annguyenup wrote:

Can someone explain the following solution for this question? If a student doesn't answer the question, then there should be 2^1 ways, but why is it regarded as 2*2^1 ways?

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In how many ways can the students answer a 10-question true false examination?

(a) In how many ways can the students answer a 10-question true false examination?

(b). In how many ways can the student answer the test in part (a) if it is possible to leave a question unanswered in order to avoid an extra penalty for a wrong answer

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The explanation is:

"let's reduce the problem to just two questions.

There are 2^2 ways in which both questions may be answered true/false.

If a student does not answer question 1, there are still 2*2^1 ways in which they can answer question 2, and vice versa. Thus there are 2*2^1 ways in which only one question is answered.

Finally, there is just one way in which neither question is answered.

Putting this together, there are 2^2+2*2^1+1=(2+1)^2=3^2=32 ways of answering the questions.

Extending this to ten questions, there are 2^10 ways to answer all ten questions, 10*2^9 for answering all but one question, 45×2^8 ways of answering all but two questions, etc, giving a total of (2+1)^10=3^10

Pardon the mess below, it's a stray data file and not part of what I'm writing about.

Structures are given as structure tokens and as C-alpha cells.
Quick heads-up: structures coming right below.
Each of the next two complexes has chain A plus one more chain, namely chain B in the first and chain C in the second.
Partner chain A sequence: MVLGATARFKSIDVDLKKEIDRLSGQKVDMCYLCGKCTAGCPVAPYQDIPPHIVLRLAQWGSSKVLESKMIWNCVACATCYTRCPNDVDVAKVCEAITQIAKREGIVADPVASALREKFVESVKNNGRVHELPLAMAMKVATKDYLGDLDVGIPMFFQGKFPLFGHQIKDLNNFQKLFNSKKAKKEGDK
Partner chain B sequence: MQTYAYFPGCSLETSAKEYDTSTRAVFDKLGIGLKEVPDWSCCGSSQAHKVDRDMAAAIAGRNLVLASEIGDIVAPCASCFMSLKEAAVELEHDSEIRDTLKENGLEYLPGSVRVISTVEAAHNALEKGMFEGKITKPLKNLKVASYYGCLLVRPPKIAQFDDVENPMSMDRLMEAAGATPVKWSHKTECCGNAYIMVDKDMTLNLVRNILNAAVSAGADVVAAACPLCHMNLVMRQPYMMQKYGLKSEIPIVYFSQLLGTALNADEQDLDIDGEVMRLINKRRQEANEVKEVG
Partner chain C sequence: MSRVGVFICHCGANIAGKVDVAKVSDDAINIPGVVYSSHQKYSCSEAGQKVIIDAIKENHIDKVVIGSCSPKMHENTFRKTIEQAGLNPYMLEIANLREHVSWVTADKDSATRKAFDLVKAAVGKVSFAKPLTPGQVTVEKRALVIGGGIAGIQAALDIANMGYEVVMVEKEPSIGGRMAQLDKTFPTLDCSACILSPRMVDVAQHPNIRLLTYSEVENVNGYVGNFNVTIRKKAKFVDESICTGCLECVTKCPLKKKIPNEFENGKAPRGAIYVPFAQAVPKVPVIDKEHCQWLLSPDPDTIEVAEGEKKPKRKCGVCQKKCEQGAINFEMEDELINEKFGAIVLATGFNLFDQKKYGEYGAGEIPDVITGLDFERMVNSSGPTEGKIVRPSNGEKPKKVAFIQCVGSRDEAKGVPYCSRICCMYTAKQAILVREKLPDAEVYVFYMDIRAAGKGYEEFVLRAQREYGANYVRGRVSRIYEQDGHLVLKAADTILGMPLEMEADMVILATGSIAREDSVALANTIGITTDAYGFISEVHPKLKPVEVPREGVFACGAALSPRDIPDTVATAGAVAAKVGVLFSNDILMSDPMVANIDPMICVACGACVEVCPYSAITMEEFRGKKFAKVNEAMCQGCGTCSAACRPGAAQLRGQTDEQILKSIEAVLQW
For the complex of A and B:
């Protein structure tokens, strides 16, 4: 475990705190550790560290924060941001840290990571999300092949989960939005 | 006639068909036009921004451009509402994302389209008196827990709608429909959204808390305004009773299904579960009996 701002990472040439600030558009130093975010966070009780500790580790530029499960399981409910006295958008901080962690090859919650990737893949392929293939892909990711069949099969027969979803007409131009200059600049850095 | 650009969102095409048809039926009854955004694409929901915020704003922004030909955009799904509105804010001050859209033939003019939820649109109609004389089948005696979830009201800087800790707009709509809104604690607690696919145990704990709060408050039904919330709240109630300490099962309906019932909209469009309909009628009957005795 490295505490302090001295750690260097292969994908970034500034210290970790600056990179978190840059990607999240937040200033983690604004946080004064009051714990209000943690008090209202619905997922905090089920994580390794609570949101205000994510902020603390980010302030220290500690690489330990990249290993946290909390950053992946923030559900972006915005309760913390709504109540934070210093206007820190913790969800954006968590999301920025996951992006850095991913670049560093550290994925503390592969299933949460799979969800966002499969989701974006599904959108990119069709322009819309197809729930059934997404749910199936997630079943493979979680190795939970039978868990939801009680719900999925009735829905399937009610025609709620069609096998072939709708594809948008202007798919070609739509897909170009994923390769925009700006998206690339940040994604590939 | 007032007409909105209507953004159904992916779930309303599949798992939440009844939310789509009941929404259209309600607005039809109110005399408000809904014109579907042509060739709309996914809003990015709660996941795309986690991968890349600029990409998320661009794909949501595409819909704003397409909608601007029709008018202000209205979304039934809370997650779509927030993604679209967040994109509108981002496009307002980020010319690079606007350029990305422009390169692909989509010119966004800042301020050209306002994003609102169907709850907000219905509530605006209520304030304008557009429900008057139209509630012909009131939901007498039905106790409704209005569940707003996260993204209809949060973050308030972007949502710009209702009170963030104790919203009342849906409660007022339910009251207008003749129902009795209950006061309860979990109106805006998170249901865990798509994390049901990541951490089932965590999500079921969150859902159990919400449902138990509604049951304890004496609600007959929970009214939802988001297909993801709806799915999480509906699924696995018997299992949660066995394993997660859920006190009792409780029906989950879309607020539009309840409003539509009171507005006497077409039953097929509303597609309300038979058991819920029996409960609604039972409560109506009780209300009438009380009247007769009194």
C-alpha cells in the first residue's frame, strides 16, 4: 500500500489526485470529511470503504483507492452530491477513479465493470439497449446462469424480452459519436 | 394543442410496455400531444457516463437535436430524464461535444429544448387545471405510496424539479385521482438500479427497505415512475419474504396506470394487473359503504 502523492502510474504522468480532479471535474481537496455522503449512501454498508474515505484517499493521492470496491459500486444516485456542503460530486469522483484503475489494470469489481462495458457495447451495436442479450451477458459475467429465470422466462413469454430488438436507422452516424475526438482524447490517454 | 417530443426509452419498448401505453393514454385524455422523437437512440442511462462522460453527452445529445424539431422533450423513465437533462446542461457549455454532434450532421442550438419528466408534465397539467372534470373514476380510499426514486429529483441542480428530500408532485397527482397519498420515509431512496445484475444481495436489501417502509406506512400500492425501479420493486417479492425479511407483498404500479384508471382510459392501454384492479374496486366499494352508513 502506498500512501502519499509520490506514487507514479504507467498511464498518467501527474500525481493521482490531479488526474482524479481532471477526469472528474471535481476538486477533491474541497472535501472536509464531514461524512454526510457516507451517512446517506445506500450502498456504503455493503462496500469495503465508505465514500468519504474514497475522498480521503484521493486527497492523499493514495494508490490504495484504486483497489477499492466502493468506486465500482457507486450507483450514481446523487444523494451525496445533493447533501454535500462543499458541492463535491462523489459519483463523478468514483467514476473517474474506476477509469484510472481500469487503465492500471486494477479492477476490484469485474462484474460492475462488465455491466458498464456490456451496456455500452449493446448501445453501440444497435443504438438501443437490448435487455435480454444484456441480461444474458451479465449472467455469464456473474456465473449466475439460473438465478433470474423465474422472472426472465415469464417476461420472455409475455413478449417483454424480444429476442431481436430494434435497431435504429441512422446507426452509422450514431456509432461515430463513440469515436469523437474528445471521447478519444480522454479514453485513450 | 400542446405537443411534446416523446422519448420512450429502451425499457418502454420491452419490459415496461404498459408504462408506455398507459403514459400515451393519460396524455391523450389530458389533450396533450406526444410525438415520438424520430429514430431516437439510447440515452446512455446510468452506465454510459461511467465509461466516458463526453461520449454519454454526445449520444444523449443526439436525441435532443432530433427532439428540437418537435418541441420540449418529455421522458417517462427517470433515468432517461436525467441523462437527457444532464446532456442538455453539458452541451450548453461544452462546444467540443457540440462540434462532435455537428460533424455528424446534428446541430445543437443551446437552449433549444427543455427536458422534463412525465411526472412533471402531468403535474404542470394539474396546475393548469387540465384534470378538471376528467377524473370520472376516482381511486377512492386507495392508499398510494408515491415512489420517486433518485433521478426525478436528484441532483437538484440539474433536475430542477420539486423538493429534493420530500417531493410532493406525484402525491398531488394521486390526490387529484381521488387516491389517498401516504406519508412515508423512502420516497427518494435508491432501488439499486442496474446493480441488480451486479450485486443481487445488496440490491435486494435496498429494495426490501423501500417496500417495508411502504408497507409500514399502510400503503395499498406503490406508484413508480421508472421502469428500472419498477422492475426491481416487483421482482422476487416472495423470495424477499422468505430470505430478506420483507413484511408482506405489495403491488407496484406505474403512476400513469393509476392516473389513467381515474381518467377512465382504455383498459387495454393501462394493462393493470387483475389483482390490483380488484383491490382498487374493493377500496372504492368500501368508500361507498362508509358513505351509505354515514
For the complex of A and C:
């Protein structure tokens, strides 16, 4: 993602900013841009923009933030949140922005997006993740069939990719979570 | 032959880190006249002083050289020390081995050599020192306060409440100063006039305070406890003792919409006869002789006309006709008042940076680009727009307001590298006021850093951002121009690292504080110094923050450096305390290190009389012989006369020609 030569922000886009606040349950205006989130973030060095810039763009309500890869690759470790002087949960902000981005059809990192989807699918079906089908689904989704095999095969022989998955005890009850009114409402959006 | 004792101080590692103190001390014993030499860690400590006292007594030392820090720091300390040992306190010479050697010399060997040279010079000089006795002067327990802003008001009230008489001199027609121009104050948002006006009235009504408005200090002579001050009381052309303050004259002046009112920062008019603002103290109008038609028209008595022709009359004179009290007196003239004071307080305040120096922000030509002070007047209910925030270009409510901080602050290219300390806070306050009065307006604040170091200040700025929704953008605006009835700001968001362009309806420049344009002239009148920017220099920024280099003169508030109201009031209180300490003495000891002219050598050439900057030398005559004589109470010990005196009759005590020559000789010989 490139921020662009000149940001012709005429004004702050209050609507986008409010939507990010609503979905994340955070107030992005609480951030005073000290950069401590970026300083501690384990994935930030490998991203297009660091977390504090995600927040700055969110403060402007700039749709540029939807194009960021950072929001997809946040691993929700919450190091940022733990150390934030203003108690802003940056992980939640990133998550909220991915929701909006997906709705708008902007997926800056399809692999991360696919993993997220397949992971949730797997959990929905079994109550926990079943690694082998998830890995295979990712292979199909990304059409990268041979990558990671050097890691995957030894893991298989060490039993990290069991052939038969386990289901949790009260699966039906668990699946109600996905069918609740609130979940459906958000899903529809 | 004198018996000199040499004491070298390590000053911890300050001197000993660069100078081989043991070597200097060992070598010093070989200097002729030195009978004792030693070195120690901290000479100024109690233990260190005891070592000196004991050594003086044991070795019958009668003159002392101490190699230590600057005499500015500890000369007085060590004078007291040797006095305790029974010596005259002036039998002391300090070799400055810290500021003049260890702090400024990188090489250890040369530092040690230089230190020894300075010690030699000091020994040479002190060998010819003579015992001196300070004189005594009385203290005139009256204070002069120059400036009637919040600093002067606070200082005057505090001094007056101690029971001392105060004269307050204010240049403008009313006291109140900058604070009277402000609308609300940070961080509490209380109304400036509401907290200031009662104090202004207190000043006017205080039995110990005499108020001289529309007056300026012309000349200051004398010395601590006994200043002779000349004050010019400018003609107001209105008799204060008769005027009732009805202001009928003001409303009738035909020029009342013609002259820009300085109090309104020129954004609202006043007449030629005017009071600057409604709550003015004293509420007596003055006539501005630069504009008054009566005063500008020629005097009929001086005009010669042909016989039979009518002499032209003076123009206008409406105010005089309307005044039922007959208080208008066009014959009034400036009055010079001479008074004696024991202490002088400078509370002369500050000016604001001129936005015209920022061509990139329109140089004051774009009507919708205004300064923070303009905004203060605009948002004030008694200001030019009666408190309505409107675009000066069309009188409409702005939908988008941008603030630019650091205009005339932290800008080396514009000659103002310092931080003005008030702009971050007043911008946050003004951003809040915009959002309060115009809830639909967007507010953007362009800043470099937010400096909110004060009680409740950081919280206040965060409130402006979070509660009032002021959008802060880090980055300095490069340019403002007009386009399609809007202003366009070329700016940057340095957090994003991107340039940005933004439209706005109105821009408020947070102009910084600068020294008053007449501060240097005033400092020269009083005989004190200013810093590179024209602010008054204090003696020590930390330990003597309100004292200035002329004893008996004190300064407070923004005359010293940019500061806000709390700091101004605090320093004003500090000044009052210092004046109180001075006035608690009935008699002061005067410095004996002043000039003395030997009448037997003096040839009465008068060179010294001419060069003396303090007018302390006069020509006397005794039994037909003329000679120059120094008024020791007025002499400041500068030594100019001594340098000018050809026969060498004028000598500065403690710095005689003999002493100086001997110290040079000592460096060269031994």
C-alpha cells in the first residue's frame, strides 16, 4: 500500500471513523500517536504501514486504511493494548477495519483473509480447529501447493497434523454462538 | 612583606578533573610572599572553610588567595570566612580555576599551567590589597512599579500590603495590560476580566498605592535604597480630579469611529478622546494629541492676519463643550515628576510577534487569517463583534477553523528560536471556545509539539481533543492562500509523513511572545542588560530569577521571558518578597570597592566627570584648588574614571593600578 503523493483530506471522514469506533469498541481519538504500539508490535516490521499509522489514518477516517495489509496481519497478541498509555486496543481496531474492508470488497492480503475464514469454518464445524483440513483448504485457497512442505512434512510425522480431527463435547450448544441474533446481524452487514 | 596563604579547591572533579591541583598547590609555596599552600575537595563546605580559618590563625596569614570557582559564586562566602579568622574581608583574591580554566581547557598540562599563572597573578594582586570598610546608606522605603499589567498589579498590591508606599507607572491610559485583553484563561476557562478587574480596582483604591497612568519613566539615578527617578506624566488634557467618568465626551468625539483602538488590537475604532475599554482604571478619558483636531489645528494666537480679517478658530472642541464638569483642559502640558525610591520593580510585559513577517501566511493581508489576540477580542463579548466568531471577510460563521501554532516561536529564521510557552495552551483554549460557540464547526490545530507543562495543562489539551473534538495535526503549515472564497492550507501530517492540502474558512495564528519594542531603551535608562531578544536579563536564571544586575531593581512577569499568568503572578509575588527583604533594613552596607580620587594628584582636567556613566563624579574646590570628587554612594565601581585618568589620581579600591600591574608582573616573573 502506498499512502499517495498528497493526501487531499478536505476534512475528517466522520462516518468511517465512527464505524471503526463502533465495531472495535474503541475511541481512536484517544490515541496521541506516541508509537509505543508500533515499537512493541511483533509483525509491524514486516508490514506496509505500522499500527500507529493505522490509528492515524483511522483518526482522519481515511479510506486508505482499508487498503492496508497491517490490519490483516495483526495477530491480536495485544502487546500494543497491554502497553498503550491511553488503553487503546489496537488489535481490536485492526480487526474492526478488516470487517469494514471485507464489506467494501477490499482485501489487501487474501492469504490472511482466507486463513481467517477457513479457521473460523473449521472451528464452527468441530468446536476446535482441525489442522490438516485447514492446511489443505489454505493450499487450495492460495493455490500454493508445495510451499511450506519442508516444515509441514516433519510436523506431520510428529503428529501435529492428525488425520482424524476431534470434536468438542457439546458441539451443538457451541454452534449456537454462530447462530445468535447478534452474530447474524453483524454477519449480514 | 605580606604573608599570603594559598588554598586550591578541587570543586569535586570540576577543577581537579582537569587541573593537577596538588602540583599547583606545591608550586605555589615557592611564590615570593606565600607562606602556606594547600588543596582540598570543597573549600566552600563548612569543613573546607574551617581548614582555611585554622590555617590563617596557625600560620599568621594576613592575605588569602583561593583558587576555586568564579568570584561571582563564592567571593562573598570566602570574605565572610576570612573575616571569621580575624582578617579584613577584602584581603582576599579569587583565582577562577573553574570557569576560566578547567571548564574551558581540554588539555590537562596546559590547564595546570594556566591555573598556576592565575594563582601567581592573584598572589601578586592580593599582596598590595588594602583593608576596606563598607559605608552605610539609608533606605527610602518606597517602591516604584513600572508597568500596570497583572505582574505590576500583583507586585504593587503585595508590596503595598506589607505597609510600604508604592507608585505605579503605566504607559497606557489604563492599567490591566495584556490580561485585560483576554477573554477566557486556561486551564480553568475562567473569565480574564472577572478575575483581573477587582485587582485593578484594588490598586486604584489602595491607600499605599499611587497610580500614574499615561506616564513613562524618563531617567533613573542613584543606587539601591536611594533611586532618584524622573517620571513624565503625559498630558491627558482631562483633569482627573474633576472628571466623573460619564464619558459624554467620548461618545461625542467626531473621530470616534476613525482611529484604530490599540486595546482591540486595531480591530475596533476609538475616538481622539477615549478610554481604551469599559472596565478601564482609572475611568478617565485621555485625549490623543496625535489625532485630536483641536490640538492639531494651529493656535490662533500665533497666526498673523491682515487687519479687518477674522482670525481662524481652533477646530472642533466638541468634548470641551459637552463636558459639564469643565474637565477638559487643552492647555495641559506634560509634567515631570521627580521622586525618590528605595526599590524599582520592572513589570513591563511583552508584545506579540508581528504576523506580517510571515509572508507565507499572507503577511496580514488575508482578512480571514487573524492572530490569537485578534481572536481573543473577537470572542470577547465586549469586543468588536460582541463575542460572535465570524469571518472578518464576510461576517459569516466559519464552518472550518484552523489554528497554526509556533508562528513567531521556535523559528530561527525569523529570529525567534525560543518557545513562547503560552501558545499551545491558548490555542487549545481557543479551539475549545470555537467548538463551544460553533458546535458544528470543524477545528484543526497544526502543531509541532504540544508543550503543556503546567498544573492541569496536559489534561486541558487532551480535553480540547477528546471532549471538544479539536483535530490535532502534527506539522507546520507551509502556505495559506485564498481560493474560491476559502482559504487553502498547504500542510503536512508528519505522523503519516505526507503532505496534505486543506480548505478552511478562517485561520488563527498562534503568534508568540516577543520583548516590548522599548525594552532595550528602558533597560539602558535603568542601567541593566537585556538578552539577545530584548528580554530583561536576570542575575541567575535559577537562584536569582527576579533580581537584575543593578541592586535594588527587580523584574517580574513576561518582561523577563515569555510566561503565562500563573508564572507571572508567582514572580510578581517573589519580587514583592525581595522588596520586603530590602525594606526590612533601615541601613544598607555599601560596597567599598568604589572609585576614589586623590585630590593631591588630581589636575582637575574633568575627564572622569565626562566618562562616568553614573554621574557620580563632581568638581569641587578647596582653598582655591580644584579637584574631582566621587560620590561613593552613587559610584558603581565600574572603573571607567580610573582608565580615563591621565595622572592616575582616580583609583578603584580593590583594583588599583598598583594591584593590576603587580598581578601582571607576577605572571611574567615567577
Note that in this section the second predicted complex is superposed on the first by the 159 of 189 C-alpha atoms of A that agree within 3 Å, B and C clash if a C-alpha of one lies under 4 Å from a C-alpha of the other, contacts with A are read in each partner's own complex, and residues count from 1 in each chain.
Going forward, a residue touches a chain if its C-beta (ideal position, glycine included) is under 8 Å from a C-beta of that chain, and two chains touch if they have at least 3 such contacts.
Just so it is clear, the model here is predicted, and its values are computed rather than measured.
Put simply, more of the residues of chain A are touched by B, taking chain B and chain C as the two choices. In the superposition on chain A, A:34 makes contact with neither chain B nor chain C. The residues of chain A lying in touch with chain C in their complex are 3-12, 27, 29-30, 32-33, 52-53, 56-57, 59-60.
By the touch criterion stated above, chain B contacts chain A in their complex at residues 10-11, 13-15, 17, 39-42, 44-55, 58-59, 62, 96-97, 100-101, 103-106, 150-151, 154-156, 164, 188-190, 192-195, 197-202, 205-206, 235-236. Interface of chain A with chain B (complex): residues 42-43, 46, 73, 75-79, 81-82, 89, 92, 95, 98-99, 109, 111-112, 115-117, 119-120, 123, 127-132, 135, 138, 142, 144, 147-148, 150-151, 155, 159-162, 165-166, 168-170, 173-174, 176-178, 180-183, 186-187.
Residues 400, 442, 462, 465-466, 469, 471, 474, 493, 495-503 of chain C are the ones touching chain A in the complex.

**Quote:**

(a) In how many ways can the students answer a 10-question true false examination?

Let's assume there are 3 questions. The answer can be true or false. you can use slot method:

2 2 2 - so there are 2 outcomes for the first question, 2 outcomes for the second, 2 outcomes for the third:2x2x2=\(2^3\)

8 outcomes overall :

true true true

true true false

true false true

true false false

false false true

false true false

false true true

false false false

**Quote:**

(b). In how many ways can the student answer the test in part (a) if it is possible to leave a question unanswered in order to avoid an extra penalty for a wrong answer

same idea here, but there are three outcomes possible. If there are 3 questions, then

3 x

3 x

3 =3^3

If there are ten questions, then \(3^10\)

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